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post #226 of 1703

I don't see the 1r in it at all.  Please don't... the 1r shouldn't be compared looks wise (or sound wise lol) to this headphone!

CREATOR: gd-jpeg v1.0 (using IJG JPEG v80), quality = 100Beautiful...

Now it does look very similar to the KEF M500.

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post #227 of 1703
Quote:
Originally Posted by Trunks159 View Post

I don't see the 1r in it at all.  Please don't... the 1r shouldn't be compared looks wise (or sound wise lol) to this headphone!
CREATOR: gd-jpeg v1.0 (using IJG JPEG v80), quality = 100
Beautiful...
Now it does look very similar to the KEF M500.
Why not. Look at the headband, it looks identical
post #228 of 1703
Quote:
Originally Posted by Trunks159 View Post
 

I don't see the 1r in it at all.  Please don't... the 1r shouldn't be compared looks wise (or sound wise lol) to this headphone!

CREATOR: gd-jpeg v1.0 (using IJG JPEG v80), quality = 100Beautiful...

Now it does look very similar to the KEF M500.

Psh, this is far prettier than that generic thing... 

post #229 of 1703
Quote:
Originally Posted by takato14 View Post

Psh, this is far prettier than that generic thing... 
Im flabbergasted!
post #230 of 1703
Quote:
Originally Posted by takato14 View Post

Um, actually, the trampoline effect of planar membranes totally smears the imaging of an orthodynamic. This is what a lot of people call the "wall of sound" effect. You need pistonic, precisely controlled motion for good imaging. You can quell this effect by lifting the drivers farther from the ear and making the design completely open, but at its best it still can't match a good dynamic.

Actually to be exact, that description wall of sound or wall of bass came from me and spritzer describing what the LCD2's sound like as the low end is literally dominating over the treble and mids and brings down the soundstaging a lot, the LCD3 improve on this bit by very little. Remember modern planar magnetic transducers work in the same fashion as electrostatic transducers except they have a much thicker membrane/diaphragm and only one side is charged or half of it whereas stats are charged equally on both sides. I have heard the Abyss after my rant thread although they got the treble out more it is far from perfect but a lot better than the Hifiman and Audeze offerings.
Quote:
Originally Posted by Dubstep Girl View Post

definitely not worth 5K, not even close. 

Agreed.
Quote:
Originally Posted by Clemmaster View Post

The abyss of themselves cost $500.
The JPS Labs cables cost $5000...

Actually the cables is around $1.5k or so this is what A2A said.
Edited by DefQon - 10/15/13 at 2:34pm
post #231 of 1703

Very cool!

People have weird taste though when it comes to what is considered stylish...

post #232 of 1703
Quote:
Originally Posted by DefQon View Post
 
Quote:
Originally Posted by takato14 View Post

Um, actually, the trampoline effect of planar membranes totally smears the imaging of an orthodynamic. This is what a lot of people call the "wall of sound" effect. You need pistonic, precisely controlled motion for good imaging. You can quell this effect by lifting the drivers farther from the ear and making the design completely open, but at its best it still can't match a good dynamic.

Actually to be exact, that description wall of sound or wall of bass came from me and spritzer describing what the LCD2's sound like as the low end is literally dominating over the treble and mids and brings down the soundstaging a lot, the LCD3 improve on this bit by very little. Remember modern planar magnetic transducers work in the same fashion as electrostatic transducers except they have a much thicker membrane/diaphragm and only one side is charged or half of it whereas stats are charged equally on both sides. I have heard the Abyss after my rant thread although they got the treble out more it is far from perfect but a lot better than the Hifiman and Audeze offerings.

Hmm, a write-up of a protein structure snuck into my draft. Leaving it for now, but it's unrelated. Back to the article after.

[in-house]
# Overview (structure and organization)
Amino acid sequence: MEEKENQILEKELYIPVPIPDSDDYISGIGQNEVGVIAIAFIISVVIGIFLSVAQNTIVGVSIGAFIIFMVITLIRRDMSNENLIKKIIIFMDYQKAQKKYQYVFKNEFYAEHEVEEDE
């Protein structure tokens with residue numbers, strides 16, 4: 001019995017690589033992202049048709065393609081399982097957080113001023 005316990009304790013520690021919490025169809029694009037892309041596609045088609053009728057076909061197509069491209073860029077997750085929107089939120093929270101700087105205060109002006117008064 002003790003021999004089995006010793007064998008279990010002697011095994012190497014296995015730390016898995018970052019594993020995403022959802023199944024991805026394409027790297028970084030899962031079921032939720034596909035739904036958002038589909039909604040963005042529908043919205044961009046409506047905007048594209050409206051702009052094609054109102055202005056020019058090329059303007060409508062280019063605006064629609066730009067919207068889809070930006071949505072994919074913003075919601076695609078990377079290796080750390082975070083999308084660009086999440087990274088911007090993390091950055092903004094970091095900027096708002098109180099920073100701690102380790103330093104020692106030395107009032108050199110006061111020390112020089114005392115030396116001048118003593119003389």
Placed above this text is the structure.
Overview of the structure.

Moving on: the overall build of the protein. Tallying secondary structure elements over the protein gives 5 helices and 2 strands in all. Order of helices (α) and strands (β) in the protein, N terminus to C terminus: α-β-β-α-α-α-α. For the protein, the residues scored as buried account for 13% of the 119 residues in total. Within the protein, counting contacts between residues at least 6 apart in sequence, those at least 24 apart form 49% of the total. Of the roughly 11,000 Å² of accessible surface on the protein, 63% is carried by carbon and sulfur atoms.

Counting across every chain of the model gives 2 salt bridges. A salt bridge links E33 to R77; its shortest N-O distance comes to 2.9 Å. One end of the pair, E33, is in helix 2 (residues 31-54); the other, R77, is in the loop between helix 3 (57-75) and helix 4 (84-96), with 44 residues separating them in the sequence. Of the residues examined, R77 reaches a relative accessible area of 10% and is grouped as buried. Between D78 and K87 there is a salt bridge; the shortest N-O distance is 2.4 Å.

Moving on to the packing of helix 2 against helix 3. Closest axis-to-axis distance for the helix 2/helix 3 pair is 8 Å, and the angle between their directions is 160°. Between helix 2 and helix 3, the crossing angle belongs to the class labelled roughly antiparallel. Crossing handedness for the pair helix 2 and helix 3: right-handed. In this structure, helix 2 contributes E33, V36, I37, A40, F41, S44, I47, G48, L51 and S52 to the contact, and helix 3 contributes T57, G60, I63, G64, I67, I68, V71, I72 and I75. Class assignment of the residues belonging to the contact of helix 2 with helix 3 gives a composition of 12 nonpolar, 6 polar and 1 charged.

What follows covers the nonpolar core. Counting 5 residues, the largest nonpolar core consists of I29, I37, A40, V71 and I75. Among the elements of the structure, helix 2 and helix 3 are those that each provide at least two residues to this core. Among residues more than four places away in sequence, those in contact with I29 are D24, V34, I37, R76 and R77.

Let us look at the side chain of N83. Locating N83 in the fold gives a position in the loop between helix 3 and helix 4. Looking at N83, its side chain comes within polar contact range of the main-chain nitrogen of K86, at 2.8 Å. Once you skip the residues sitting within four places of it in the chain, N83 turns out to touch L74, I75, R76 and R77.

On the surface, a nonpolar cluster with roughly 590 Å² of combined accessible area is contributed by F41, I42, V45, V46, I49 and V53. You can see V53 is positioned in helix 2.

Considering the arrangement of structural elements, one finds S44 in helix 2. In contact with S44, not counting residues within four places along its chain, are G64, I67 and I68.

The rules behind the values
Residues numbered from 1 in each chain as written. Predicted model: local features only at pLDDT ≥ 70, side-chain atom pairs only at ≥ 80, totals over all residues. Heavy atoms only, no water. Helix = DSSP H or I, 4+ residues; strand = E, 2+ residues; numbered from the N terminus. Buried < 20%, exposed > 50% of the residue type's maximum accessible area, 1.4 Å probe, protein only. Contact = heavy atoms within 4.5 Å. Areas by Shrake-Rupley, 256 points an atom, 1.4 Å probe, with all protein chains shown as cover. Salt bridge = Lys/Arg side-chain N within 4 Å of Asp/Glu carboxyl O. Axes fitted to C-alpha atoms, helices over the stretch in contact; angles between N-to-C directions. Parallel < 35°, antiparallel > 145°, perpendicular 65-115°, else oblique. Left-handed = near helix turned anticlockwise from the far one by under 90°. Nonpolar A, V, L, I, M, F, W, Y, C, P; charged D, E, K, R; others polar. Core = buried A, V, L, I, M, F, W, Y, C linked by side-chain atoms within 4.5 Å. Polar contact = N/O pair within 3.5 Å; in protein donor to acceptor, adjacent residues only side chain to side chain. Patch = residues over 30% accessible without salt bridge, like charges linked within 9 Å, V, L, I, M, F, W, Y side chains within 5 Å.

I'm sorry, but this is just plain innacurate. Planarmagnetic transducers push air particles forward to produce a sound wave. The membrane of an electrostat is lighter than air, therefore it cannot push or move it, it instead excites the particles to create noise, aptly named the electrostatic effect. This is why stats are mostly devoid of impact by default when compared to dynamic transducers. 

 

But I thought that the wall of sound effect is because it literally is a wall of sound-- the driver is just a big flat wall of substrate pressed up against your ears, with a mostly solid enclosure, and no open space on the sides of the driver.


Edited by takato14 - 10/15/13 at 8:09pm
post #233 of 1703
Quote:
Originally Posted by takato14 View Post
 

I'm sorry, but this is just plain innacurate. Planarmagnetic transducers push air particles forward to produce a sound wave. The membrane of an electrostat is lighter than air, therefore it cannot push or move it, it instead excites the particles to create noise, aptly named the electrostatic effect. This is why stats are mostly devoid of impact by default when compared to dynamic transducers. 

 

But I thought that the wall of sound effect is because it literally is a wall of sound-- the driver is just a big flat wall of substrate pressed up against your ears with a mostly solid enclosure.

....What ...in the... are you talking about? :ph34r:

 

The only reason why electrostatic planar headphones are called that is because they operate by having a 'static' electric charge on the membranes, sandwiched between perforated metal plates that act as electrodes generating an electric field onto the charged membrane - audio signals vary the field, so the membrane vibrates and makes sound like any other audio transducer, by pushing air. Guess what the perforations are for in the electrodes? They are for the air to move through in order to conduct sound to your ears. This ain't rocket science.

 

Having the membranes lighter than air or not has nothing to do with anything; thinner membranes just ensure better transients, at an expense of more difficult tensioning in the manufacturing process, and often more difficulty in pushing air for low frequencies. There is no "electrostatic effect" going on, the electric fields generated by the electrodes in electrostatic headphones aren't making any sound. :rolleyes:


Edited by jerg - 10/15/13 at 8:13pm
post #234 of 1703